We have been reading 10 Timid Ghosts by Jennifer O'Connell for the past 2 weeks in the classroom. The children love this story. I guess the story has mesmerised them because it represents everything scary about Halloween: witch, ghosts, cats, rats, vampires, skeletons etc.. It is spooky without being frightening and it got their attention straight away. The rhyming and repetitive prose is catchy and easy to memorise making it fun, while the illustrations are really colourful and detailed.
When I saw how much they enjoyed this story, I decided to create some props. One of the best way to promote a love for reading is to make reading fun! Props make stories interactive and bring stories to life. They help children:
- to sequence a story
- to develop their speech as they remember words or expressions from the story when read to them or as they use their own words to retell the story.
So I made something very simple. I downloaded pictures online and laminated them all. I drew a house on cardboard. For the ghosts, I added googly eyes and stickers for the mouth and voila!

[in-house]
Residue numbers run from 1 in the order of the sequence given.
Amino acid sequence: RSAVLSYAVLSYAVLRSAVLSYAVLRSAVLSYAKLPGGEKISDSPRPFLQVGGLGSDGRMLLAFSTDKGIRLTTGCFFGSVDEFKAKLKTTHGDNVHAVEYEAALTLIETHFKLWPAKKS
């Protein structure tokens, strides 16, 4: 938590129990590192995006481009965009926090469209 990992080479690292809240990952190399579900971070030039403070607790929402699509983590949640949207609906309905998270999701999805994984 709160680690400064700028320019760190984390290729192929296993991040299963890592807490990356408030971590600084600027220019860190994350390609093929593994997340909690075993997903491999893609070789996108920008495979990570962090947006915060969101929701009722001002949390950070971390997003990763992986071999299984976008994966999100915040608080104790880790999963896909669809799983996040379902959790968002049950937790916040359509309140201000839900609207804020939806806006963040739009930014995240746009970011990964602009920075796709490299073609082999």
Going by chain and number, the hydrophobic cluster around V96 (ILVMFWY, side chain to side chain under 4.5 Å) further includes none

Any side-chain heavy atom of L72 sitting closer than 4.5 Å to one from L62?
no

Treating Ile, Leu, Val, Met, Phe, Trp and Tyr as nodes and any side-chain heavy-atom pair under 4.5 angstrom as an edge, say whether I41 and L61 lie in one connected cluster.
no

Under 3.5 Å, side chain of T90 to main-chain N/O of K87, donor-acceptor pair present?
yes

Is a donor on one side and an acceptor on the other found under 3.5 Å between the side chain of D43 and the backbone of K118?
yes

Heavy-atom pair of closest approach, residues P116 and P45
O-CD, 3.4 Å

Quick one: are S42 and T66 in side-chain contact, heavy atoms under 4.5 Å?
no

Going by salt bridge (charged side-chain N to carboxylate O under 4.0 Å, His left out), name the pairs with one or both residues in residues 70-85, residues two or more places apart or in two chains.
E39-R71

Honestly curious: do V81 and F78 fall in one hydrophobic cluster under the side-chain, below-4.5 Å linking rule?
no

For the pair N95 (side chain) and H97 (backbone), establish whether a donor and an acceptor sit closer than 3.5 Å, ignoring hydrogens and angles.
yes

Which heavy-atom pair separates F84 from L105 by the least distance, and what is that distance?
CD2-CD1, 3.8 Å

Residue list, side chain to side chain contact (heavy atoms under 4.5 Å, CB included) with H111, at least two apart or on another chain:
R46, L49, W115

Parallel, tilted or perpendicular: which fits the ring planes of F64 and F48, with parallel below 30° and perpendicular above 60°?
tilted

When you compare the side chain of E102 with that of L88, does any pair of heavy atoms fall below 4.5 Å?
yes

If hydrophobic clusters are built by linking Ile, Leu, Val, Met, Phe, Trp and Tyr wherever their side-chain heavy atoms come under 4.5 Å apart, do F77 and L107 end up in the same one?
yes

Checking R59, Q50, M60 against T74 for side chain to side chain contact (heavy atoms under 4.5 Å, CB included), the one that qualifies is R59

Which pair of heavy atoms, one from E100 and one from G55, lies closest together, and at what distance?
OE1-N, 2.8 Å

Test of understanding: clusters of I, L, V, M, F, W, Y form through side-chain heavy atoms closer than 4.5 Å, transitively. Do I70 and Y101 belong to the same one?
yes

We read the story once at circle time using the props and we invited the children to use them as often as they wanted and whenever they wanted during the session. Here is a video of what happened:
The children in question in the video showed how well they could use language to recreate roles from a story they had heard previously. They responded very well to this new literacy activity and even created their own experience when they decided to close the book and to re-tell the story their own way, thinking and expressing themselves creatively.
Identity & Belonging:
They also demonstrated they could work as a team, sharing the props and delegating tasks to do: the little girl was narrating while the little boy placed the props in the woods and around the house, imitating the screams of the ghosts. They both tried to count together, helping each other.